In the previous post I talked about my process for assembling the Pinball PCB.  In this post I will take you through all of the steps that I took while testing the Eagle PCB functionality.  I have not yet written the full Pinball game firmware, so I used a small test program, an Oscilloscope and a multimeter to test each of the subsystems.  In order these are the systems that i tested:

  1. Power Supply
  2. I2C OLED LCD Screen
  3. CapSense (creator bug)
  4. Buzzers
  5. Motor Driver
  6. LEDs
  7. Switches
  8. Accelerometer
  9. Bluetooth

Test the Power Supply

My first step was to plug in the Eagle PCB and see what happens.  There was no smoke, but when I measured the power supply I got this:

fluke power supply measurement

Not perfect and I wondered why I got 4.1v instead of 3.3v.  But, the system will work at 4.1v so I deferred solving the problem until later.  [Edit: It turns out that I did something really stupid and then got lucky.  I will post soon about exactly what happened and how I fixed it.]

Test the OLED LCD Screen

Before I soldered in the LCD display, I decided to measure the I2C pins to make sure they were what I was expecting.  Unfortunately, when I measured them, I had about 800 ohms of resistance between the VCC and Ground which didn’t make a bit of sense.  To make matters worse the SDA and SCL were essentially shorted to ground.  After thinking about it for a while, I decided that the most likely culprit was the QFN accelerometer (which is also attached to the I2C bus).  That tiny little chip, with no-visible leads and 0.5mm pitch pads is an absolute beast to solder (more on this problem in a future post).  The accelerometer looked “OK”, but I decided to remove it anyway using my hot air tool.  As soon as I got it off the board I could see a big blob of solder on the pads.  After I cleaned up the blob of solder with a copper braid and soldering iron, I retested all of the pins.  They were now fine.  So I went ahead and soldered the display into the board (which also turned out to be a bad idea).  You can see the (unpopulated) accelerometer footprint just to the left of the display.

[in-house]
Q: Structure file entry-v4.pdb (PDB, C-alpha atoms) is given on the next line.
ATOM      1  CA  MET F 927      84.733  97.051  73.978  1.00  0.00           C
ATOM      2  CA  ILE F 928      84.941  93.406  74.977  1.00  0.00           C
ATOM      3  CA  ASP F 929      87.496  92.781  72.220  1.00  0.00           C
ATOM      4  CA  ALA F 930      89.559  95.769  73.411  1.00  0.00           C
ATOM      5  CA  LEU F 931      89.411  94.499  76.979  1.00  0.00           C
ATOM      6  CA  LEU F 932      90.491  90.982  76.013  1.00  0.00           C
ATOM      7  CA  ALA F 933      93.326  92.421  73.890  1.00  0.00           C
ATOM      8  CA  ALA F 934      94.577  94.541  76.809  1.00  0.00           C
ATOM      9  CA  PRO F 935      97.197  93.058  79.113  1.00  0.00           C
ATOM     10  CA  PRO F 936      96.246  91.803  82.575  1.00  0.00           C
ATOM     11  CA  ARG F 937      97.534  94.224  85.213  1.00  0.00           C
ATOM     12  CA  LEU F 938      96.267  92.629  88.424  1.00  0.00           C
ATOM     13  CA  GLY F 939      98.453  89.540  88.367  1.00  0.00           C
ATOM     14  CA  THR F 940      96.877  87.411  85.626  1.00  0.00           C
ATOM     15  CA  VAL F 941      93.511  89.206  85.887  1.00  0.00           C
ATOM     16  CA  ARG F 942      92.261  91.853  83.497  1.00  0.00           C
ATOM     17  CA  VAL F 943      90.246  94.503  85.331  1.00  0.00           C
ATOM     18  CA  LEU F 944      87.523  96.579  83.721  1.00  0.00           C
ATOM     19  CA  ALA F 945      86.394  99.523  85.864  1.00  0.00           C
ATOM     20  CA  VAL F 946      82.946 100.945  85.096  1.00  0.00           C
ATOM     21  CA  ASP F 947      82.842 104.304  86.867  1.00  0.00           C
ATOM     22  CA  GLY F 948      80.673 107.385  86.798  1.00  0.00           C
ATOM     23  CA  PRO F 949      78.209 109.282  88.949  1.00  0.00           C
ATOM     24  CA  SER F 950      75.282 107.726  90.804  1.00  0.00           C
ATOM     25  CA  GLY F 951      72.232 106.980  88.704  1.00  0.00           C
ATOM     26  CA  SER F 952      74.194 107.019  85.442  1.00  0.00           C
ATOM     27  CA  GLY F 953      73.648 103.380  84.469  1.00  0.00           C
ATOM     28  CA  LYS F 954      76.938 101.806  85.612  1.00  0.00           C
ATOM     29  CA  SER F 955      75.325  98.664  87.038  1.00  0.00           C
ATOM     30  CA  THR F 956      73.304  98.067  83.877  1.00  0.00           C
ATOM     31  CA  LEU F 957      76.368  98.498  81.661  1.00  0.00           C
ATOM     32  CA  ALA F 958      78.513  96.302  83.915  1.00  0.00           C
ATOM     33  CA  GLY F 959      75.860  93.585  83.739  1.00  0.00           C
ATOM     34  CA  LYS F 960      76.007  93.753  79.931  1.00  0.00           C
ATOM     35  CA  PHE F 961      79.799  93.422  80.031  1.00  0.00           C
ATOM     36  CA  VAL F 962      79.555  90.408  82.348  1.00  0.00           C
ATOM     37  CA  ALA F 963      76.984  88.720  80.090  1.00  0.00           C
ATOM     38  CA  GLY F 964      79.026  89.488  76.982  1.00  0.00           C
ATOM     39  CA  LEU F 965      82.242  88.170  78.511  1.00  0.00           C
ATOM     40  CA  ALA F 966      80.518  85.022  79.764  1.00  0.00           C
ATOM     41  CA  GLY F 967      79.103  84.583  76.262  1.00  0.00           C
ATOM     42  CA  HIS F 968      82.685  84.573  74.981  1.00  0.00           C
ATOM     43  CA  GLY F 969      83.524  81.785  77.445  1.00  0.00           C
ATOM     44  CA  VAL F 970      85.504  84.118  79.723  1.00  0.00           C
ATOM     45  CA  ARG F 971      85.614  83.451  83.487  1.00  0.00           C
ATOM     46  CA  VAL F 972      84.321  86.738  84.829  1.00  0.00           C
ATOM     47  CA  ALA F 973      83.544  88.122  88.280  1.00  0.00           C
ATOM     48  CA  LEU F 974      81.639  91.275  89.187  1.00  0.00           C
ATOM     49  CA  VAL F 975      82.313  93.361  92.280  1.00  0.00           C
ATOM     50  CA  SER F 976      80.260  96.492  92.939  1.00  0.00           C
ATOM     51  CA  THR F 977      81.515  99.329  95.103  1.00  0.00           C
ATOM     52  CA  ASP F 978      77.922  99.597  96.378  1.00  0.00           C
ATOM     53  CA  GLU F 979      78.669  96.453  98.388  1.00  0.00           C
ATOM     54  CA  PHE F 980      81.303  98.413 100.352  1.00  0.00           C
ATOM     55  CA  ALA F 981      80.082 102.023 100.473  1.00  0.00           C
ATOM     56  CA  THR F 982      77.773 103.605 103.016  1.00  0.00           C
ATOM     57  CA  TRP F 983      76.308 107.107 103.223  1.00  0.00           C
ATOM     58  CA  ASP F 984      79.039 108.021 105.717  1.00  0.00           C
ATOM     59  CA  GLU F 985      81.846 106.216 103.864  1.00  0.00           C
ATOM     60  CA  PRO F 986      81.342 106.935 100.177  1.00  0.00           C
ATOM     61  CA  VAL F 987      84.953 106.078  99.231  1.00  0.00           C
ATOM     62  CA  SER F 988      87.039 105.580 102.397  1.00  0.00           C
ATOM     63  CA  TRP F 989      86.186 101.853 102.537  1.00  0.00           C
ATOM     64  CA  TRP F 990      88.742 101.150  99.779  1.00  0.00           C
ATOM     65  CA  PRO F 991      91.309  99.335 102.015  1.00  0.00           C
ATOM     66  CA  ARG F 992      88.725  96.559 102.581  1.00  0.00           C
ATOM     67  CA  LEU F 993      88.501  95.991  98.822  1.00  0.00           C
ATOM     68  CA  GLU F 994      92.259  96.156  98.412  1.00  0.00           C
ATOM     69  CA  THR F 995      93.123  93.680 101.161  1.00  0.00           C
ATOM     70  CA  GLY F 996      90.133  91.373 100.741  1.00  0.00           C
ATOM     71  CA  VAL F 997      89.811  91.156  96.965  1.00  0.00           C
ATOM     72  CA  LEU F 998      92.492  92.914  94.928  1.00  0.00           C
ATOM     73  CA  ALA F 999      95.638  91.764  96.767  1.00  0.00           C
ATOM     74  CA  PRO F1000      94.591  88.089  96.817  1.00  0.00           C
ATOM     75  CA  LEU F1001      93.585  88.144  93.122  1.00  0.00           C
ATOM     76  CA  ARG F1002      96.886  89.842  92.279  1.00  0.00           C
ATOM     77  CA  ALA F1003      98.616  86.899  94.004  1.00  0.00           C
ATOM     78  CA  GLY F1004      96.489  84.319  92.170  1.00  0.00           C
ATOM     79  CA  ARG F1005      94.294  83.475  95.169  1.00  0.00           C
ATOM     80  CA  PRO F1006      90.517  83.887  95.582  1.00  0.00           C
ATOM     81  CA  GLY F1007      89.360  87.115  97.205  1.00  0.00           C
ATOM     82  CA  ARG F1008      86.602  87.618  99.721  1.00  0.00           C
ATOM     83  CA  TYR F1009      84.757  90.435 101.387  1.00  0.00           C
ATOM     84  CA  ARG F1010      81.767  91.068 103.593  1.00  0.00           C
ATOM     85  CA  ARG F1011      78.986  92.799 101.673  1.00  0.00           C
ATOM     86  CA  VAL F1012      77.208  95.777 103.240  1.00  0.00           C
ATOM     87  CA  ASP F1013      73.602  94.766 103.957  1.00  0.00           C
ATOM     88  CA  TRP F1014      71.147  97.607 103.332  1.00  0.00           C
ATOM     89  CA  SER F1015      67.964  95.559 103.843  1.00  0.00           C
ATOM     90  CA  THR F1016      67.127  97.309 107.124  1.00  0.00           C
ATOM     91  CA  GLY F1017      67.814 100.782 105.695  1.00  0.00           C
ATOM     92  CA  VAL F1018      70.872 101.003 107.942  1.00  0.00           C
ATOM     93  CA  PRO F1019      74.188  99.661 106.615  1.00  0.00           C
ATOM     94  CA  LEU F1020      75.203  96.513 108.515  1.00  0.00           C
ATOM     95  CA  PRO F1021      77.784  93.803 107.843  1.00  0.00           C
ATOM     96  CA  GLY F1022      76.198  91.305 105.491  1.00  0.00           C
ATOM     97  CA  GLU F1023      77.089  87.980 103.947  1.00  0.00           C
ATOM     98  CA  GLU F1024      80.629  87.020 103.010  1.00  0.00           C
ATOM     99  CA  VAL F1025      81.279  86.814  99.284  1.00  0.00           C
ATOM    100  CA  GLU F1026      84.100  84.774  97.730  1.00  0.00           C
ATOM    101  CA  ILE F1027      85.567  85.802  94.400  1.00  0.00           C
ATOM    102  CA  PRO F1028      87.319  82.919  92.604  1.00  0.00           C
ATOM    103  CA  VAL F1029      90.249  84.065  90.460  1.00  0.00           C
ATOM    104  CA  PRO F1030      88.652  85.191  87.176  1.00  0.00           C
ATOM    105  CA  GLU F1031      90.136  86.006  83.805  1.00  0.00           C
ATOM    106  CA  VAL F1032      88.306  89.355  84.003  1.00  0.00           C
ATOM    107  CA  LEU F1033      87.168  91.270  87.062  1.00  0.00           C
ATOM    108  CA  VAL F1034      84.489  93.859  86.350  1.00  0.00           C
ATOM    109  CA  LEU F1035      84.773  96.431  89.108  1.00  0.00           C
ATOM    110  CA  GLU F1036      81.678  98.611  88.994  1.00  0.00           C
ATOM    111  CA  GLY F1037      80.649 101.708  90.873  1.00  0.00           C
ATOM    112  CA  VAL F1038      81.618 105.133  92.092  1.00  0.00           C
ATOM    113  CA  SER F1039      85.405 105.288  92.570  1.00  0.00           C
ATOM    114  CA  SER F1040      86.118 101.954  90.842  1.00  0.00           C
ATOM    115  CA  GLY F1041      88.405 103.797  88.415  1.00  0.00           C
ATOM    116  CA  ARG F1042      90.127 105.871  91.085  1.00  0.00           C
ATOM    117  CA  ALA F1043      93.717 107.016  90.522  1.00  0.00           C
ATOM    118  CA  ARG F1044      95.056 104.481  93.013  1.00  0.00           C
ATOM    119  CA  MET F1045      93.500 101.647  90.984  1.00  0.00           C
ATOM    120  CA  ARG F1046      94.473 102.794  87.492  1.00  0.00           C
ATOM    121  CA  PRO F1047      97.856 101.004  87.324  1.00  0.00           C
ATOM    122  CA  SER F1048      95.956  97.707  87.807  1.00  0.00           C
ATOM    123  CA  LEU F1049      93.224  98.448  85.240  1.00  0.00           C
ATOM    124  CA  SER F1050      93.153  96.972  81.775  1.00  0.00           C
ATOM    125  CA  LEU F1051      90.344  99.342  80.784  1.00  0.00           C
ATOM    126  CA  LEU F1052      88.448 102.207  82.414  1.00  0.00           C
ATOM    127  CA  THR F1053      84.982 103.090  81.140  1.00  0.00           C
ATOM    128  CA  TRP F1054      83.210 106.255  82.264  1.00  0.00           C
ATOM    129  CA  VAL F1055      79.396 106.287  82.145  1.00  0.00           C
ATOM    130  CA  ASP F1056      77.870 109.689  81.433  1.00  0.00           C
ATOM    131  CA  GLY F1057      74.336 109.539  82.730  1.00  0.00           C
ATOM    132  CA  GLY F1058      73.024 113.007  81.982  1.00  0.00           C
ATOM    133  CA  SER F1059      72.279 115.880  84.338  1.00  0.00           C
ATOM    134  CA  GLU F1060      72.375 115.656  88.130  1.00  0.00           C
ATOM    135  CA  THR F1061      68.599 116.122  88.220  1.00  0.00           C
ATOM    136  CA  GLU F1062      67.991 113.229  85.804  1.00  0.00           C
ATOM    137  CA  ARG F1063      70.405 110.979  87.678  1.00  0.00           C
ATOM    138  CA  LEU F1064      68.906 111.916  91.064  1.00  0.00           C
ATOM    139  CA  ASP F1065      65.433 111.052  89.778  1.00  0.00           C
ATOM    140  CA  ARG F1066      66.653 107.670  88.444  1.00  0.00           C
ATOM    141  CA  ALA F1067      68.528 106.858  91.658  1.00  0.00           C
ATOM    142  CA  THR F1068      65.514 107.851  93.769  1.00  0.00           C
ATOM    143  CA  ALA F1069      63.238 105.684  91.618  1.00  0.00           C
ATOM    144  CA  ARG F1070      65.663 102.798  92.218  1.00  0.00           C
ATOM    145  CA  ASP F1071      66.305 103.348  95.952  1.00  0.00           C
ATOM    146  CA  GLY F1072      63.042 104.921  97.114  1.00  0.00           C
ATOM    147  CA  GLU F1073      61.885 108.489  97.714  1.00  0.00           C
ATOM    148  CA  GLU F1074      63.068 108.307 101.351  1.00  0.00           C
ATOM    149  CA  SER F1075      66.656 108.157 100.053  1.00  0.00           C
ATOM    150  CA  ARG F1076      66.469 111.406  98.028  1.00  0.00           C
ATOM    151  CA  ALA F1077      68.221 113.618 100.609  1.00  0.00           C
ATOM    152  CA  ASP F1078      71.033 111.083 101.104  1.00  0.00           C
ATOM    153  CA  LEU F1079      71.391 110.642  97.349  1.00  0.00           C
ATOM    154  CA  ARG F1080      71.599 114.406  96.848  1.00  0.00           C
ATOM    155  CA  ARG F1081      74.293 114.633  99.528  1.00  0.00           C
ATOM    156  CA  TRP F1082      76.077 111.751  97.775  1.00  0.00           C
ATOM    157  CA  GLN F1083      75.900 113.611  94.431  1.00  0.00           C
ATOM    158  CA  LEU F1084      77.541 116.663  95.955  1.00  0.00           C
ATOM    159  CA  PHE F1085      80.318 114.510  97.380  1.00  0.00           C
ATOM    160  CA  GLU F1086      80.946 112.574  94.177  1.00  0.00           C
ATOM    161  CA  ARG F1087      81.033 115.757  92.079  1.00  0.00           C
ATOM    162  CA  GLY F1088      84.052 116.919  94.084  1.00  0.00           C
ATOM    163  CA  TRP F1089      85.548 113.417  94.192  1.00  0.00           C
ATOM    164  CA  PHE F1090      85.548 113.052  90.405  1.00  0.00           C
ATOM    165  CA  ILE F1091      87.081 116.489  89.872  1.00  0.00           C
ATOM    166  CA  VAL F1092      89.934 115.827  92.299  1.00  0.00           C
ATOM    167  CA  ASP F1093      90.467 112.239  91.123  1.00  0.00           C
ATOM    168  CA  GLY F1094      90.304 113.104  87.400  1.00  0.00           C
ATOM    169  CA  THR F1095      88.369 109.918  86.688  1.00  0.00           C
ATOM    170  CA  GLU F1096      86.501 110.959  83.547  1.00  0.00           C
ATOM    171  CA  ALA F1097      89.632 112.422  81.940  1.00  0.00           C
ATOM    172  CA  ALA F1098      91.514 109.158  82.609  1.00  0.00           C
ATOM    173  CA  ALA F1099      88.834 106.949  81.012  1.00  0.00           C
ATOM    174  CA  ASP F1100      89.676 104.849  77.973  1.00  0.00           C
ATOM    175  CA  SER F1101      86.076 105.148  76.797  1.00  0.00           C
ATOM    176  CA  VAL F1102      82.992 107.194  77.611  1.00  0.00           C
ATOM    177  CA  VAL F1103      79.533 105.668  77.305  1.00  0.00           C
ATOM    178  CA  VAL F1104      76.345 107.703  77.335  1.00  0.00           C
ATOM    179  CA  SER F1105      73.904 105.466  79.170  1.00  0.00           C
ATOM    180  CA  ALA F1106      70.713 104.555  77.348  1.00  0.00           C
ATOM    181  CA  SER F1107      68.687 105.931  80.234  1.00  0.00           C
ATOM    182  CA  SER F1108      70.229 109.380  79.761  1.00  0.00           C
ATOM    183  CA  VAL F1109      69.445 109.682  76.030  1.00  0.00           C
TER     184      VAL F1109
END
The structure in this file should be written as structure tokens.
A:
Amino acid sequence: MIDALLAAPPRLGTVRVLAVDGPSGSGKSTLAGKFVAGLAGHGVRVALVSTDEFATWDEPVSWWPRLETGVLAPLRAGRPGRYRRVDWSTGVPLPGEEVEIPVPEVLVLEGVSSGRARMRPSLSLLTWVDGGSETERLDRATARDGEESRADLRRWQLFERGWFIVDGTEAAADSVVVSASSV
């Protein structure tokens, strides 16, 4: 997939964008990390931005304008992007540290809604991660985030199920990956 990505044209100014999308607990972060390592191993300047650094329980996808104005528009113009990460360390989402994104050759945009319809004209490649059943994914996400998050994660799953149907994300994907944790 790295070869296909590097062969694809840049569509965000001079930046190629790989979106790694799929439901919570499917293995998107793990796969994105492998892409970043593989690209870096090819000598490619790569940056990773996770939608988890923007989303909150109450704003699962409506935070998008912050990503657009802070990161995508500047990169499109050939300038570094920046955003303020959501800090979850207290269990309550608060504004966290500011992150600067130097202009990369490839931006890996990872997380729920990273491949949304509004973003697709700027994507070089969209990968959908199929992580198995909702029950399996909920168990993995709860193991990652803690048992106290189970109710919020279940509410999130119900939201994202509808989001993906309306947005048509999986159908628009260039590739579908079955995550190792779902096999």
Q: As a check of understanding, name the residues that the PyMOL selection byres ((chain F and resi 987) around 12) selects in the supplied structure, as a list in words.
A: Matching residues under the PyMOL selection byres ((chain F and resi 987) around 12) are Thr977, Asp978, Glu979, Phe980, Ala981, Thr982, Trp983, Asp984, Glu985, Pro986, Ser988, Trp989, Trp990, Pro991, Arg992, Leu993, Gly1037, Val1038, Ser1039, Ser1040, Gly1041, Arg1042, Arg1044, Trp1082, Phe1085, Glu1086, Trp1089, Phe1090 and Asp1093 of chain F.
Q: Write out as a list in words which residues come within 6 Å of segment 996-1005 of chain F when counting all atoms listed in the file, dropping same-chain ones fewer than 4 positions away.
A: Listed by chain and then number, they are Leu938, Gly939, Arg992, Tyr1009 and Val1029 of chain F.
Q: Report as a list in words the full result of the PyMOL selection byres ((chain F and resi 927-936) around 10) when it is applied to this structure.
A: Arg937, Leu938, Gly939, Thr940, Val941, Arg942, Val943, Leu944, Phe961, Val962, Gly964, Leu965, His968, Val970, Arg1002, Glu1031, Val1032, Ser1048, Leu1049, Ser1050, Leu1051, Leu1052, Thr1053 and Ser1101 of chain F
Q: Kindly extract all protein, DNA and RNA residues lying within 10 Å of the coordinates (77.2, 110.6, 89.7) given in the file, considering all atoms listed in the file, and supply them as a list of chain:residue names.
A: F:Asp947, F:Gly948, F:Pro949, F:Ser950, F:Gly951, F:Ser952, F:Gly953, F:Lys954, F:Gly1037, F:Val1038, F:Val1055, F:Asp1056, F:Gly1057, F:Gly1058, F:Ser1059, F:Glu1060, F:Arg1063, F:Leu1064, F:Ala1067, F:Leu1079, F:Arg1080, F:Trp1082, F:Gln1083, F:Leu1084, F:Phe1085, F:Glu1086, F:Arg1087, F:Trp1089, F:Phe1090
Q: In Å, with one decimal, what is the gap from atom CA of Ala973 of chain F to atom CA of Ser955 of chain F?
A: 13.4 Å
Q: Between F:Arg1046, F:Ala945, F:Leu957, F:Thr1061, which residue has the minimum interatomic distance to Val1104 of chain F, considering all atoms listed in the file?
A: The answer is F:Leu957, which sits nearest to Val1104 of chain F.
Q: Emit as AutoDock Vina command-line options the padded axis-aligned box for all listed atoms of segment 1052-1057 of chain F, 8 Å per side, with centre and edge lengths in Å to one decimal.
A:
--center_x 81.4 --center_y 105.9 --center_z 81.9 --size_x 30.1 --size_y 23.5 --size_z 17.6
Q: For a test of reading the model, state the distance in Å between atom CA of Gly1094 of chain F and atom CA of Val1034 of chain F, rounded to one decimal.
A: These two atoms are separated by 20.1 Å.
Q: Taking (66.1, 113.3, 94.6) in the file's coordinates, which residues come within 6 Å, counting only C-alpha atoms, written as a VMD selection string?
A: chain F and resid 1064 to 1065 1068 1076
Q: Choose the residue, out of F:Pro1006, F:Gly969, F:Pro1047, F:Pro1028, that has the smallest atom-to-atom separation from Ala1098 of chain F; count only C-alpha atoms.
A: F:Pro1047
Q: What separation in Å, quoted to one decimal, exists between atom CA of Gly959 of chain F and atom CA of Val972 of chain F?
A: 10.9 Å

OLED Screen Test

To test the display I ported Oliver Kraus’ U8G2 library to the PSoC.  This library lets you use an I2C to interface with a bunch of different small OLEDs.  You can read more about using the display in a future post.  Here is the block of code that makes the display work:

Test the CapSense

PSoC CapSense Test

In order to test the CapSense buttons I wrote a simple block of firmware to read the state of the buttons and display that state on the screen:

Test the Buzzers

In order to test the buzzers, I just connected them to the PWMs and drove a square wave of 262Hz and 440Hz.

Buzzer 0 PWM Test

Buzzer 1 PWM Test

Here is the schematic for that circuit:

Buzzer PWM Test Circuit

Test the Motor Driver

In order to test the motor drivers, I used a PWM to drive a 50Hz Square wave onto the output.  Unfortunately, I got this:

Motor Driver Oscilloscope Measurement

Something is wrong.  When I first saw this waveform I wasn’t too happy.  But after doing some digging I figured out how to fix it.  This will be the subject of an upcoming post.  The good thing about this waveform is that my daughter, Anna, is studying exponentials functions in Calculus right now.  She recently asked me if there was an useful application of f(x) = e^x.  This was a perfect way to show her a practical application of a differential equation.